4 Smart Ways Dogs Pick Where to Poop


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Dogs are an amazing species that can teach us how to live, especially when it comes to picking where to poop.

They have a knack for picking the perfect place to poop, and they’ve been doing it for thousands of years!

Interestingly, dog poop is also loaded with a ton of genetic information - in fact, it was once used to solve a murder! (source)

So get ready your poop bags, and let's explore how dogs decide where to poop, and how they choose where to poop.

Who knows, you might find new, hidden areas where they store their poop!

How do dogs decide where to poop

So, how do dogs decide where to poop?

it turns out, they have quite a few methods to actually decide where they want to drop their deuces.

So, here are 4 really smart ways how dogs decide where to poop, and why they chose those places.

Dogs poop where they feel comfortable

In general, they'll poop wherever they feel comfortable enough to, especially if the area is easily accessible.

They want to be in an area where they feel safe and can relax.

This means that dogs will often poop around the house, in the toilets, and bedding areas (and designated spots in your house).

In the wild, this is important for two reasons:

First, it helps keep the pack's scent localized and concentrated in one area.

Second, it prevents predators from being able to track the pack by its waste.

Domesticated dogs still follow these instincts, though they no longer have to worry about being hunted by predators.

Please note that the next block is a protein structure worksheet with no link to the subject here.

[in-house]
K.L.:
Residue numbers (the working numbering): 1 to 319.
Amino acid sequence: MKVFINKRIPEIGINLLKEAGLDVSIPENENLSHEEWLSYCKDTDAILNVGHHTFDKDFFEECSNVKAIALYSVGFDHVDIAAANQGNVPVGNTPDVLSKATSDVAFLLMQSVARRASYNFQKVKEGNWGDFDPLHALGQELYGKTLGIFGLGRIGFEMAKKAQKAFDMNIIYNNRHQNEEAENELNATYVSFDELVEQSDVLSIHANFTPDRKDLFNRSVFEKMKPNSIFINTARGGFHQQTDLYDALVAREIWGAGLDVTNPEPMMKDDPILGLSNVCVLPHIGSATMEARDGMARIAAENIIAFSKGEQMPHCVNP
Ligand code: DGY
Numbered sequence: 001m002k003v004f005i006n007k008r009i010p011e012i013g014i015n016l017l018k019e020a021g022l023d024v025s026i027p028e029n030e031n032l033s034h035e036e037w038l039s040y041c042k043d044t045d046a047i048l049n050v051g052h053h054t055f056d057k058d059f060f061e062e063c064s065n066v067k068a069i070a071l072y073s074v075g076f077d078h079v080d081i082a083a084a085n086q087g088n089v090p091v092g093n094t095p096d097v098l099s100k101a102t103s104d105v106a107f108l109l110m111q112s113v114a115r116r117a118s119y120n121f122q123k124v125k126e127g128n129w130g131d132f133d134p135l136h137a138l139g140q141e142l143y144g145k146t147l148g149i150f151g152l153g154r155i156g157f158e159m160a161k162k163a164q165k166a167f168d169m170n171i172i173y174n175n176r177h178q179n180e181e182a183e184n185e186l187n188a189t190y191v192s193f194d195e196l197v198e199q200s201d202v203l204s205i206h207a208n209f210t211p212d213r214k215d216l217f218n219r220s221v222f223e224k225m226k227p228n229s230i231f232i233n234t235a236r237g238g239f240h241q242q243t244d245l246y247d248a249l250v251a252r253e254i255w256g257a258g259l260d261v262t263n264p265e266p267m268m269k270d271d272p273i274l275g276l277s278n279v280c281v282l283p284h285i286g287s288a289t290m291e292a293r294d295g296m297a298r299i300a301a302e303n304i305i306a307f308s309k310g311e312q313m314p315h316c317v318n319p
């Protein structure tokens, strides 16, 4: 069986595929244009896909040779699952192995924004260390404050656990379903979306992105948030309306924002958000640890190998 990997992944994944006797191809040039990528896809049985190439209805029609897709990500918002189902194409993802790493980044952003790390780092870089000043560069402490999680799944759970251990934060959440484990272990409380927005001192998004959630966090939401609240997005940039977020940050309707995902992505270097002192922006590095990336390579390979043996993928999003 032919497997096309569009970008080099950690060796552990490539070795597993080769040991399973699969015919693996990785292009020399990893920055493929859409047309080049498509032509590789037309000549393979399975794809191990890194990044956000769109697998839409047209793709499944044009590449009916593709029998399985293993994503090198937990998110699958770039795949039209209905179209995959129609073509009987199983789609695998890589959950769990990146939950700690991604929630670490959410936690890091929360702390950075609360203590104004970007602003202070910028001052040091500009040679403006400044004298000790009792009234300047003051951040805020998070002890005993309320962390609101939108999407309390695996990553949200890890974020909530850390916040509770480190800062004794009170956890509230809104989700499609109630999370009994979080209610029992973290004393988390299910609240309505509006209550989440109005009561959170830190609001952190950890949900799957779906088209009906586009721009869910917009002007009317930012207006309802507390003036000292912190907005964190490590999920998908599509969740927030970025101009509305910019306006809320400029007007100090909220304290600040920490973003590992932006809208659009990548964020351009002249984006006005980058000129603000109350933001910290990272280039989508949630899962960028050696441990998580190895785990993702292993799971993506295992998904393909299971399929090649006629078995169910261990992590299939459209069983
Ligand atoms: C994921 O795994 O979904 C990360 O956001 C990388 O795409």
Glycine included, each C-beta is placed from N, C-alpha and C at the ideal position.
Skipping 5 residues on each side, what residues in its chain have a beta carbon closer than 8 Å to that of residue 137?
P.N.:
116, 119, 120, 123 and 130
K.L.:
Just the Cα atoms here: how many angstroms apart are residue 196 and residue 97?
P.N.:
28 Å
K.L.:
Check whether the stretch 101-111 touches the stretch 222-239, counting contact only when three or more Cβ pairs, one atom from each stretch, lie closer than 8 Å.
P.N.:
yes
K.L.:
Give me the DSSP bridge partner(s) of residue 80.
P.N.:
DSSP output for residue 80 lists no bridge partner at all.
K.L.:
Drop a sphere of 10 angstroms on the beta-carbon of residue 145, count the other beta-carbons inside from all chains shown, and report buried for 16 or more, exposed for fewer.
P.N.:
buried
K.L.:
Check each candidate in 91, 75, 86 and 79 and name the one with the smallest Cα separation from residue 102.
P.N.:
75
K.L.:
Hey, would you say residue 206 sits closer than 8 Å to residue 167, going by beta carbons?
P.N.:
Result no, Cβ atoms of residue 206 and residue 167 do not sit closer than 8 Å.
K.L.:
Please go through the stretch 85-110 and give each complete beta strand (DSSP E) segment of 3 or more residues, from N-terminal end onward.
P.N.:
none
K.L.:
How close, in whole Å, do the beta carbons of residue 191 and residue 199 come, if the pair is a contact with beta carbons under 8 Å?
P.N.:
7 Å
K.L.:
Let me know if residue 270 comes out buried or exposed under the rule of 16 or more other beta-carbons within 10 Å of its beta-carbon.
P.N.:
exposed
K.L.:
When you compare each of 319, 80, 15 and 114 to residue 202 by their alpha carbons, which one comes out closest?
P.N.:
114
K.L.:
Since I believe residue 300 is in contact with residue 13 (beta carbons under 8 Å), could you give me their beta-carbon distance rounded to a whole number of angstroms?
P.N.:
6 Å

Besides, wouldn't you rather poop in the comfort of your own home, over a public toilet if you had a choice?

Typically location also plays a part - the nearer it is to their territory, the better.

If a dog only has a few minutes before needing to go again, they'll likely just go wherever they are standing at, or at the nearest 'safe' spot at least.

Dogs poop to leave their scent and mark their territory

Dogs use their noses, a lot - as seen when they find their way home.

Essentially, how dogs communicate is ALSO through using their urine and feces to mark territory.

This is booth for themselves and the pack (of course, domesticated dogs mostly do this marking when it comes to humans, and around their homes).

When a dog leaves its scent behind on an area - either by pee or poop - it's indicating that the area belongs either exclusively or partially to and their pack.

If you have a puppy at home alongside an older dog, you might also notice the older dog peeing or pooping at certain spots more often.

This is to let the puppy know that they're in the same pack, and the smell is the pack territory (usually leaving a mess in the gardens too)

Dog poop as territorial markers

It's not really about other animals 'overriding' their scent - it's just to communicate how much of the land is theirs.

However, if another dog poos over your dog's, it essentially becomes a (literal) poop contest - to see who was there more recently.

Earlier research suggested that this scent marking could also be a form of showing dominance in a given territory, but is currently being further studied.

As such, dogs tend to poop where there is already a lot of poop.

Either way, it'll be a lot of poop on lamp posts and certain heavy traffic areas - get your poop bags ready if you enter those areas!

Dogs poop to communicate with other dogs

Poop also serves as a form of communication between other dogs, too. It's not always about crappy territorial fights.